Worldwide at least 26 million people have heart failure, and the number is growing, according to research. It’s a devastating diagnosis—where, as the name implies, the damaged organ no longer functions properly and can’t pump enough blood to meet the body’s needs. The progressive condition is incurable and can rapidly turn fatal.
“About 50% of patients die within five years. It’s worse than (most forms of) cancer really,” said Stuart Plant, CEO of Ceryx Medical.
But the Cardiff-UK health tech startup has an ambitious aim to change that.
Ceryx announced Wednesday that it raised £3.8 million, or the equivalent of nearly $4.8 million, to commercialize and fund the first human trials of a technology that the company and its investors see as potentially lifesaving for people with heart failure. Icehouse Ventures, the Development Bank of Wales, Parkwalk Advisors, Business Growth Fund and a consortium of angel investors provided the funding.
Ceryx’s device, Cysoni, is designed to pace the heart in rhythm with a person’s respiration, so heart rate and breathing are synced. This is typically the case for a healthy person, but for someone with heart failure that link becomes severed, Plant said.
“If we could restore the link between the heart and lungs in patients with heart failure, we could make them better,” he said.
Preclinical studies of the technology in animal models (namely, sheep with heart failure) have found that not only does the device restore heart function, increasing the amount of blood the organ is able to pump, but it is able to repair damaged heart cells. If Ceryx is able to replicate those findings in people, it could eliminate symptoms of heart failure and allow the heart to repair itself, Plant said.
“Essentially you might eventually get a complete reversal of the damage to the heart and cure heart failure,” Plant said. “That’s quite a big claim. But that’s what the early data suggests.”
At present, there is no device or treatment that can halt the progression or reverse damage to the heart associated with heart failure. Traditional pacemakers act like a metronome, keeping the heart at a certain rate of beats per minute, and can be effective in addressing an irregular heart. But Plant contends by going beyond the heart alone, and synchronizing it heart rate with breathing, Ceryx’s technology will be more effective at restoring function and repairing damage to the organ.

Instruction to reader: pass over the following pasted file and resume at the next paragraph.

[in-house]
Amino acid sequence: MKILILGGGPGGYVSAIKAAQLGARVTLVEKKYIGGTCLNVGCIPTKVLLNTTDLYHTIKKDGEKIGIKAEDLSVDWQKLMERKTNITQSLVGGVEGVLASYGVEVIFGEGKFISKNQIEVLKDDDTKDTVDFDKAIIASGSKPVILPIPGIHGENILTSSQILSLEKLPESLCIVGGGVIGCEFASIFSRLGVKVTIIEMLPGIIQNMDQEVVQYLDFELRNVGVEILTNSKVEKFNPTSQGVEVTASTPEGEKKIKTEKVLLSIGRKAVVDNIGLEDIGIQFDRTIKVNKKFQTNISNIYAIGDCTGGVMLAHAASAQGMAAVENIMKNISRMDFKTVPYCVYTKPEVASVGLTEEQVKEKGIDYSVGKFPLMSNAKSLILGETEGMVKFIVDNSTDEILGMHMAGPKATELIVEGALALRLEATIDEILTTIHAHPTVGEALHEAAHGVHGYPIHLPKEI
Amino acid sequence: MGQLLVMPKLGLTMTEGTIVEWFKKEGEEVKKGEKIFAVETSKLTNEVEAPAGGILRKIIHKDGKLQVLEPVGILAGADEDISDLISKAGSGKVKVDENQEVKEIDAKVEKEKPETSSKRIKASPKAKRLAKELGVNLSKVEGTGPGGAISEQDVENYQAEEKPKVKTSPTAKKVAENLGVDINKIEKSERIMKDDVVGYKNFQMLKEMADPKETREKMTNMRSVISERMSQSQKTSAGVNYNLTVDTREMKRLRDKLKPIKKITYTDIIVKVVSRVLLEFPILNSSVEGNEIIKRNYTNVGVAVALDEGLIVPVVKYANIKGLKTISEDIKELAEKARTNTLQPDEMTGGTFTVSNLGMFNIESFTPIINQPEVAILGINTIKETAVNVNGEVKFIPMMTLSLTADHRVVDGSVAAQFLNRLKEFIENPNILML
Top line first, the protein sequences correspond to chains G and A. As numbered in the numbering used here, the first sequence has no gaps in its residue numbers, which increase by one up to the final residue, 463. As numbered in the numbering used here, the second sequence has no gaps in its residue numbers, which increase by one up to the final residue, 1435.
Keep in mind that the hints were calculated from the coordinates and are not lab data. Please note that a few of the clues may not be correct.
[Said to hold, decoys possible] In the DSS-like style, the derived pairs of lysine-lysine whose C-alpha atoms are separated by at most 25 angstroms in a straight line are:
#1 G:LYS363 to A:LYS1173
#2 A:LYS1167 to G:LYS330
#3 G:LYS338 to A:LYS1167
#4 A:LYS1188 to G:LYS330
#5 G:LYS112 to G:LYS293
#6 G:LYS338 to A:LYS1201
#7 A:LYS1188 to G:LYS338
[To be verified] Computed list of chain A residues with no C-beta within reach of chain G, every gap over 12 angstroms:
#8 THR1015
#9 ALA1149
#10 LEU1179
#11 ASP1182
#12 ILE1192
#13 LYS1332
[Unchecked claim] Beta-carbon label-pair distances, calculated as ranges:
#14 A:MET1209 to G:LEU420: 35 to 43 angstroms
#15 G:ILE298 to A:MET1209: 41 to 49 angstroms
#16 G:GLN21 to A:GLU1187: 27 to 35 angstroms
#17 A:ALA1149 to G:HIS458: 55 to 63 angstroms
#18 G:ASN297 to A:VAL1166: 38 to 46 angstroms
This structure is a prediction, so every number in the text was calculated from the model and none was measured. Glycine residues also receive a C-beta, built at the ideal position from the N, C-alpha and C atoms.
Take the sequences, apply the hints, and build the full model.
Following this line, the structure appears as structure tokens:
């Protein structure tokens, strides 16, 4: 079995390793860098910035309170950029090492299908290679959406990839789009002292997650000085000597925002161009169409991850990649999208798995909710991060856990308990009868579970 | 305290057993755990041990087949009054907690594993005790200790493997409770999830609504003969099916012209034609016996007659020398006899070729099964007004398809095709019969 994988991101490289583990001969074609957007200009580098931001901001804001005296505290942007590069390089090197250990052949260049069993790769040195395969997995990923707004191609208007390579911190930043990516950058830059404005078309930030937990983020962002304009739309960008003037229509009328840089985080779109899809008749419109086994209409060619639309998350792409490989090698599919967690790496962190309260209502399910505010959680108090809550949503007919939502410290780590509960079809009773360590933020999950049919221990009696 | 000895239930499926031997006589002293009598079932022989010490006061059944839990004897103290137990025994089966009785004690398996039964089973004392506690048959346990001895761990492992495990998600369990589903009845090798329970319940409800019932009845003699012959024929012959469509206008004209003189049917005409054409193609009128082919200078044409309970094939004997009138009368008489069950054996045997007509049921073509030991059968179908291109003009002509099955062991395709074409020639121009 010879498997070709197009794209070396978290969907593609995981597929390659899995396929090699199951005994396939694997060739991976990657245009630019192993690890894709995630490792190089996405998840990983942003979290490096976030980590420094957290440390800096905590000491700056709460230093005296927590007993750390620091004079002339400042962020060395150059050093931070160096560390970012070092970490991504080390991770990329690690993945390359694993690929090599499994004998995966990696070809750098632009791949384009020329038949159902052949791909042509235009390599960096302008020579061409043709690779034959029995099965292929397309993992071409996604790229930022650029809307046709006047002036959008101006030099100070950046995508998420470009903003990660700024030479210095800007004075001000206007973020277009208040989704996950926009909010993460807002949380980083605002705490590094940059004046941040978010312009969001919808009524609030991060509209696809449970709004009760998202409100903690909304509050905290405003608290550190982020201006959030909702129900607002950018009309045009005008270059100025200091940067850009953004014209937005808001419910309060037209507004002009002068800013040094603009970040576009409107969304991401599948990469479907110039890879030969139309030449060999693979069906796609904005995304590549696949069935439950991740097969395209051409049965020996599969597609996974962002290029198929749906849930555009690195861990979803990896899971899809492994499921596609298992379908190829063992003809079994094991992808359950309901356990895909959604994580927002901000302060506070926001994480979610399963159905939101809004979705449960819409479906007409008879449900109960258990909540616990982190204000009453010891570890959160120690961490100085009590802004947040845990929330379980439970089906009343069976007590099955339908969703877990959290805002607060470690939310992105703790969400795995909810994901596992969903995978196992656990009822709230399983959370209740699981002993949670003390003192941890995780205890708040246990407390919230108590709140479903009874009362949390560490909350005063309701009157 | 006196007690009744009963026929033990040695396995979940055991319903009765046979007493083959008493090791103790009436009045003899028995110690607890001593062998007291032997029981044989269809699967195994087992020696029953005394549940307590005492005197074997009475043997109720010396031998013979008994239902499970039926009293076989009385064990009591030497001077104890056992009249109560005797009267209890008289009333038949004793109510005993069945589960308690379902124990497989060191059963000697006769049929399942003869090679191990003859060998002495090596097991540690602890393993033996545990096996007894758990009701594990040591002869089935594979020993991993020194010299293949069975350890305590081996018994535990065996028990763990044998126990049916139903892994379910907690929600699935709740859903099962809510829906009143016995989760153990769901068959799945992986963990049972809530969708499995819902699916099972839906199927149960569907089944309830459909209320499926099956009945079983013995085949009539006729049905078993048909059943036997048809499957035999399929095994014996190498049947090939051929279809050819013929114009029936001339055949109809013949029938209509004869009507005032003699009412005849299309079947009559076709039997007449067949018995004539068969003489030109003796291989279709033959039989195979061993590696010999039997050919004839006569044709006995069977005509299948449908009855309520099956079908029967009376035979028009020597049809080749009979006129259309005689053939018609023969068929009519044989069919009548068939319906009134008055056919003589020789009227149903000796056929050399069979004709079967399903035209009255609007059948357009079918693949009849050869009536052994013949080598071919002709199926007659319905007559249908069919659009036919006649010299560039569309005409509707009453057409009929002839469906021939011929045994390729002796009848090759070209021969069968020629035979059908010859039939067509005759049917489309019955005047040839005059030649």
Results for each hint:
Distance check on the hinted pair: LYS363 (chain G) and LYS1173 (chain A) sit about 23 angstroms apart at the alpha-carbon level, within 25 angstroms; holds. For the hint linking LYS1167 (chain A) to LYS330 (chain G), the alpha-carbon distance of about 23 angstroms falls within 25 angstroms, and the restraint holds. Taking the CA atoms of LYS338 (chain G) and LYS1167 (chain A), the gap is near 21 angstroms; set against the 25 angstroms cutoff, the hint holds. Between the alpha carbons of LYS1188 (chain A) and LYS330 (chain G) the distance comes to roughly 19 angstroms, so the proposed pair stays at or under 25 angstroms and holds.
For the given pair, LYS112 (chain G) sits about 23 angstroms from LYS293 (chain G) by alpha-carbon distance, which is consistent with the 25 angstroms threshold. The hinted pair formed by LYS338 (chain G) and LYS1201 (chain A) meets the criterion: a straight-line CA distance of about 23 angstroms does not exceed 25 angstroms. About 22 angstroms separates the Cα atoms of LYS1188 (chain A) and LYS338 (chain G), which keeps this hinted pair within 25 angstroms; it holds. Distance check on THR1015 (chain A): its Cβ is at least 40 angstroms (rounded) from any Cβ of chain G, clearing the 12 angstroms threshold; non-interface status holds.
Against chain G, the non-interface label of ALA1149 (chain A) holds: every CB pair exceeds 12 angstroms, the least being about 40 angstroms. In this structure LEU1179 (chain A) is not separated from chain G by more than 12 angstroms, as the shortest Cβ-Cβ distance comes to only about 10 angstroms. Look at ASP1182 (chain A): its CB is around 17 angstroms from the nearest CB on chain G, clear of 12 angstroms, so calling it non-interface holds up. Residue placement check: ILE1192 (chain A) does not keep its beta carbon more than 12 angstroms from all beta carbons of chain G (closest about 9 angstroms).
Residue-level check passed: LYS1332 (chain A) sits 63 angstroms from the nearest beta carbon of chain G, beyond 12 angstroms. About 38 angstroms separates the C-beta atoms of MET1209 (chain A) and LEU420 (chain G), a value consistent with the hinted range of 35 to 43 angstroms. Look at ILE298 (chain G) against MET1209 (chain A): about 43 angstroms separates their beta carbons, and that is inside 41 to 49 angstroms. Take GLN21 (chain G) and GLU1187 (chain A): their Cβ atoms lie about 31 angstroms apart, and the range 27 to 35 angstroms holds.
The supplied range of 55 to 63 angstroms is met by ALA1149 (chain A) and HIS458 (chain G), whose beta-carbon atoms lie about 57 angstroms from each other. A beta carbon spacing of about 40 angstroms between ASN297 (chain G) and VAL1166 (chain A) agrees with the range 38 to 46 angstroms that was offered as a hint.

“It’s listening to what the body does and times the heart to improve its efficiency and make the heart work properly,” he emphasized. “The big difference is this is what our heart and lungs naturally do.”
Plant expects to begin recruiting participants for human trials, which will take place in the United Kingdom and New Zealand, around the beginning of next year. Ceryx’s ultimate aim for Cysoni is to make it an implantable device, though it could also license the technology for use in another device maker’s pacemaker.
For the purposes of studying it in people, Ceryx will use an external pacemaker device, and load it with the company’s technology. This will be used to pace the hearts of patients with heart failure who’ve undergone a coronary artery bypass, Plant explained. This kind of pacing is typically done in the hours immediately after bypass surgery. But Plant said with the trial, that pacing will happen the entire time participants are in the hospital to get a better sense of what the technology can do.
That will determine if the technology lives up to the early promise.
“We’re hugely impressed with the progress made by Ceryx Medical,” said Richard Thompson, senior investment executive at the Development Bank of Wales. “The lifesaving potential of Cysoni and related developments can’t be overstated and we’re eager to see how Ceryx’s technology performs.”
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